|SquashTalk>Melbourne International Squash Festival> Fitz-Gerald earns World Title #4!|
Sarah Fitz-Gerald - Record Tying Win
WOMEN'S OPEN - SARAH FITZ-GERALD
FULFILLS LIFETIME DREAM
"Ever since I knew three years ago that the tournament was to be here I set my goal on victory," said a delighted and emotional Fitz-Gerald. "It made me work 110%, and now it feels bloody fantastic to be standing here the winner tonight. "I was nervous at the start, but I was lucky to find my rhythm early on, got control and to win the first game easily really settled me down.
"I am probably playing the best squash of my career. The injuries have certainly made me a smarter player; you learn about yourself and now my training has more purpose."
For Joyce, who lost the world no 1 ranking to Fitz-Gerald at the start of the month, it was the second time in a row that she had to settle for second best. Last November, she lost to Carol Owens in five games in the final in Edinburgh, Scotland. The 27-year-old actually hit her best form of the tournament, and the score didn't really reflect how well she played.
"But Sarah was mentally very strong and she was awesome out there," she said. "I threw everything I possibly could at her but she was just too good. "But I'll learn from this experience, and I just hope that I don't become too accustomed to being a World Open runner-up." Joyce is the only player to have beaten Fitz-Gerald this year, in the final of the Hong Kong Open in August. "But that loss gave me a kick up the backside," admitted Fitz-Gerald. "I knew I needed to become more focused, and it has worked this week." Devoy is the only other player to have won four World Opens, although that was before it was an annual event. Greeting news of Fitz-Gerald's win from her home in Auckland, Devoy said: "We only played every two years, so it could have been eight. "But for Sarah to come back from two knee operations shows what a great player she is. She's done an enormous amount for the game over the years and thoroughly deserves this success." For Fitz-Gerald, the next major goal is next year's Commonwealth Games in Manchester, England, when she will be aiming to turn silver from 1998 into gold. On this weeks form, no-one is likely to stop her. Results (seedings in brackets)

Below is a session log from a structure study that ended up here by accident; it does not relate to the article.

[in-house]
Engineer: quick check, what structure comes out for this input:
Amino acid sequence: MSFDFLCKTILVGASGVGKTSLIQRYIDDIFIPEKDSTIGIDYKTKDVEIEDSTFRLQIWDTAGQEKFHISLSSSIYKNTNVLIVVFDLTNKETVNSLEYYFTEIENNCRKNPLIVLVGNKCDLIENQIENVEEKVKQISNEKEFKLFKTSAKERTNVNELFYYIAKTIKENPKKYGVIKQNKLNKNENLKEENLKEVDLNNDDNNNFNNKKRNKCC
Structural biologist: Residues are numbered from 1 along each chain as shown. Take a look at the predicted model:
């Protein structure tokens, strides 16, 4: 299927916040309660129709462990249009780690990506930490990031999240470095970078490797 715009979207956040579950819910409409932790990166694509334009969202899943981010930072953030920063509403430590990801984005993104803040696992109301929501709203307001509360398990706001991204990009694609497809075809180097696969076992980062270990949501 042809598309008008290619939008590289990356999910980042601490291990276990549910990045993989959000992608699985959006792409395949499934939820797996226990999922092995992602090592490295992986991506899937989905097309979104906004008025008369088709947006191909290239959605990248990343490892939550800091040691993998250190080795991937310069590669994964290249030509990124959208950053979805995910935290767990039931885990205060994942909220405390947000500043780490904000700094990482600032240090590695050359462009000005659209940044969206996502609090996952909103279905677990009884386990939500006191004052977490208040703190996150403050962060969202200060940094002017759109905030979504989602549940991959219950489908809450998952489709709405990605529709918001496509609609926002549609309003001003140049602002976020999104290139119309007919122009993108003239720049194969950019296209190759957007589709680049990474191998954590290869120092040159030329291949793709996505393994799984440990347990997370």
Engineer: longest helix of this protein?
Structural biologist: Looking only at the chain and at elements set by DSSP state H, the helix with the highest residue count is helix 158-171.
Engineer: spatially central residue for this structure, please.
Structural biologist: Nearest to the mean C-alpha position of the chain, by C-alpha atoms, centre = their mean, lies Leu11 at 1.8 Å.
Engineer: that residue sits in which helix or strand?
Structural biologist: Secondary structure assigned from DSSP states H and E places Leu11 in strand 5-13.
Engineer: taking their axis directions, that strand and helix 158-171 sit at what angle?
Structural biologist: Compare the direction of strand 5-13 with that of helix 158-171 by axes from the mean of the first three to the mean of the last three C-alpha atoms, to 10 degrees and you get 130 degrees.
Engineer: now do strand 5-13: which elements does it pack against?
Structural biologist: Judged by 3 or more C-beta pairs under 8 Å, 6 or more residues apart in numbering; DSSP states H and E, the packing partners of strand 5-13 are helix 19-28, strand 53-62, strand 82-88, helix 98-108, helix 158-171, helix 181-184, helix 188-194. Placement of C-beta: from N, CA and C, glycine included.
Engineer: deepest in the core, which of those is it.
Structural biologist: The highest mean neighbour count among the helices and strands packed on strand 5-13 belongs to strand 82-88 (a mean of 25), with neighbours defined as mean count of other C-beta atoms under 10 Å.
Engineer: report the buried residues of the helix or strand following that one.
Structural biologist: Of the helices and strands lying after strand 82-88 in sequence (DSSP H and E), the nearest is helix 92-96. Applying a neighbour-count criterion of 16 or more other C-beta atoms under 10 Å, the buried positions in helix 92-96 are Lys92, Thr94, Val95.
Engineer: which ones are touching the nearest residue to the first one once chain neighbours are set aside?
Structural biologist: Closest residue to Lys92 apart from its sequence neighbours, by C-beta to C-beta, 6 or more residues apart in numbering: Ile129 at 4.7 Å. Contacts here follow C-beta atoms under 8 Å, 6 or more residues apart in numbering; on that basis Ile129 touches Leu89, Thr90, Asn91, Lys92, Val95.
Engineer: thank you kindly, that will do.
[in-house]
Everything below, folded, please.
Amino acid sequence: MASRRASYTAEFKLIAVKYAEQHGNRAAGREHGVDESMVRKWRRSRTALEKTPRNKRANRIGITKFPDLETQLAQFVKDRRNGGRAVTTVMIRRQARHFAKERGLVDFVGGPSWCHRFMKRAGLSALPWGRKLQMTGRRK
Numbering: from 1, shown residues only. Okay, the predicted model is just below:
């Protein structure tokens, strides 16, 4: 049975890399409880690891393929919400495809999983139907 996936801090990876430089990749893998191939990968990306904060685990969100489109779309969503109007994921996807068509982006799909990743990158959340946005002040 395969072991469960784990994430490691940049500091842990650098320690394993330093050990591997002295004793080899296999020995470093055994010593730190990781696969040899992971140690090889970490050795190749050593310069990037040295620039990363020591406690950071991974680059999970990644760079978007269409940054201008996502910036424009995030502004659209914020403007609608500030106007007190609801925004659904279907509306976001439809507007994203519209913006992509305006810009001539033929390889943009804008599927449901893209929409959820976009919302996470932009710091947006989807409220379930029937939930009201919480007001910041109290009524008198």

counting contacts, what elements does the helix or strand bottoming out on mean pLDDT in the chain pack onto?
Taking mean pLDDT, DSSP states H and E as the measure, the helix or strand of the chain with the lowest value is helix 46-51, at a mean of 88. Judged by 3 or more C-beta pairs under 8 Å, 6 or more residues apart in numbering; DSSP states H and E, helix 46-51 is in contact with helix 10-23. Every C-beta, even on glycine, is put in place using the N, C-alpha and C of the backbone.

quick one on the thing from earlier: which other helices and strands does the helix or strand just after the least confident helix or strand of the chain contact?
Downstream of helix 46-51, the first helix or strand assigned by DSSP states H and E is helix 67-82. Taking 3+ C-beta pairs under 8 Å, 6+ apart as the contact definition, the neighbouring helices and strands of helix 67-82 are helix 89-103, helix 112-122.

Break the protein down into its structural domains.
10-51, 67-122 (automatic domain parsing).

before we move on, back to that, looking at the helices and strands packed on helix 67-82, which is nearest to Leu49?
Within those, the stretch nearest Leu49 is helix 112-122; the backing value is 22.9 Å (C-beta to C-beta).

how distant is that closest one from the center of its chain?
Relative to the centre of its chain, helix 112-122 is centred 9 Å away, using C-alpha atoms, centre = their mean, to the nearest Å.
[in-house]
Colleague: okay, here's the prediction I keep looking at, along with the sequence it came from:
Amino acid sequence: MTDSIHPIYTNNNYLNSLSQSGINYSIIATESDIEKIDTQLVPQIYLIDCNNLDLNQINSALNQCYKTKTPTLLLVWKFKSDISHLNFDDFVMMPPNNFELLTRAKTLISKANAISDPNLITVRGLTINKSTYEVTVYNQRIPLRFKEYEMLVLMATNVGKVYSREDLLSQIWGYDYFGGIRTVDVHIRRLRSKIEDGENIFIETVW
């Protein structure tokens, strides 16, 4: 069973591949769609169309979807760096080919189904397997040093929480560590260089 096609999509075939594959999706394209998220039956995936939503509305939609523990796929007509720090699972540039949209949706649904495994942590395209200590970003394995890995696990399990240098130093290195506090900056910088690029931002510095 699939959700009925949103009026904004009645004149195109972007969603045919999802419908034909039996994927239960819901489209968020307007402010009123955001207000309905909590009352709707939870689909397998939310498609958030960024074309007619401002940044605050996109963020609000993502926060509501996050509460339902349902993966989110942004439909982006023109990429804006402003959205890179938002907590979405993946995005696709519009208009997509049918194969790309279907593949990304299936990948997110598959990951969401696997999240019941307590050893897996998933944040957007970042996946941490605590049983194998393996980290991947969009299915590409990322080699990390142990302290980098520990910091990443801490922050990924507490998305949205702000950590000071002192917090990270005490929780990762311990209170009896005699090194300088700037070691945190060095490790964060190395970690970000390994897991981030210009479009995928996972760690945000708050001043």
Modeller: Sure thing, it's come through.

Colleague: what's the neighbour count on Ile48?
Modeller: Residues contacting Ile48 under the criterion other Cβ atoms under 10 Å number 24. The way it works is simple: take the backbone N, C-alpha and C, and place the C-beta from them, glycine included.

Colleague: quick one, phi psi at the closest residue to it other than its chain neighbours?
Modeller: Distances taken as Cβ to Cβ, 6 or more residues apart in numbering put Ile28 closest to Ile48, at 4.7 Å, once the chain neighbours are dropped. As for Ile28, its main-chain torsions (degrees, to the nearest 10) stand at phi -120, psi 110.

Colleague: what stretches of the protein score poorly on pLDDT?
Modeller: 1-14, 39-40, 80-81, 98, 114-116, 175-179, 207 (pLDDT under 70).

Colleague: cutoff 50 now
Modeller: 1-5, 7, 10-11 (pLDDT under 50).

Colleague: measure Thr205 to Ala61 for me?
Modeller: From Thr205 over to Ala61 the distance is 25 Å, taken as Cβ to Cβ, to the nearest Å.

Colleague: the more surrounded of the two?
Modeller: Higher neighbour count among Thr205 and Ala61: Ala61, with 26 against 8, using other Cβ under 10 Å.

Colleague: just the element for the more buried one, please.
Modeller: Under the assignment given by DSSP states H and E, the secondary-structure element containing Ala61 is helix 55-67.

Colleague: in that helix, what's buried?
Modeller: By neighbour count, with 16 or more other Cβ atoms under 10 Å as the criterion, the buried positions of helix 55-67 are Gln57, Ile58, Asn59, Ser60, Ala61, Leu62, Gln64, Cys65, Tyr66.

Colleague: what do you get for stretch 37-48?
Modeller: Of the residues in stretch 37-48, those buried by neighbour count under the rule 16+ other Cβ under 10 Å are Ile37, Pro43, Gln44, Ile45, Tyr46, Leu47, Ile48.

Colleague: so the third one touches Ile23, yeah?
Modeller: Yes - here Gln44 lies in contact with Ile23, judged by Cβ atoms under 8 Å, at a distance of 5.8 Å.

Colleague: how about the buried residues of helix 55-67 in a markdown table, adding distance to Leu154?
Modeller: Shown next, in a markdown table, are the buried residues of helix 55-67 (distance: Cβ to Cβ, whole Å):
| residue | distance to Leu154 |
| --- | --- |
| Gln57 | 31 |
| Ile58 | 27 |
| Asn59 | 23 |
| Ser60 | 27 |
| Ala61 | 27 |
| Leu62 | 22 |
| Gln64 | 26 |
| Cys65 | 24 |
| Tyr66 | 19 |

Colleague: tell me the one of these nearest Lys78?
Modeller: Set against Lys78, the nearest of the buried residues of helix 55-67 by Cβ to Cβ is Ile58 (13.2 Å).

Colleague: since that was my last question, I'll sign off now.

Final: (3) Sarah Fitz-Gerald (Aus) bt (1) Leilani Joyce (NZL) 9-0, 9-3, 9-2
WSF MEN'S WORLD CHALLENGE - PRICE GETS REVENGE
Egypt's Karim Darwish, the 1999 world junior champion, won a marathon five set quarter-final against a far from happy Australian, John Williams, in the WSF men's World Challenge in Melbourne. The match ended on a sour note when Williams alleged that Darwish had "cheated" as he ran out a 9-2, 8-10, 9-6, 3-9, 9-6 winner in 53 minutes to clinch his place in the penultimate round.
"Didn't you see that ball bounce three times," the irate Williams asked the referee. But he got no joy, and the no four seed was declared the winner, and went through to a semi-final against another local man, Paul Price. Price, the new favourite following the exit of top seed Thierry Lincou in the third round, cruised through 9-6, 9-2, 9-2 against the only unseeded player to reach the last eight, Pakistan's Shahid Zaman.
Ricketts, the conqueror of Lincou, claimed another great scalp in Olli Tuominen. It was another marathon encounter with the no nine seed upsetting the sixth-ranked Fin 9-4, 8-10, 6-9, 9-1, 9-2 in 54 minutes. "It's great to reach the semis, especially her in Australia," said Ricketts, at 22 one of the fast new rising stars of the game. In the semi-final, the man from New South Wales now meets the no three seed from Egypt, Omar Elborolossy. In his quarter-final, Elborolossy dropped the opening game - his first of the tournament - to South African Rodney Durbach, but he hit back to win 1-9, 9-6, 9-3, 9-4. Results (seedings in brackets)
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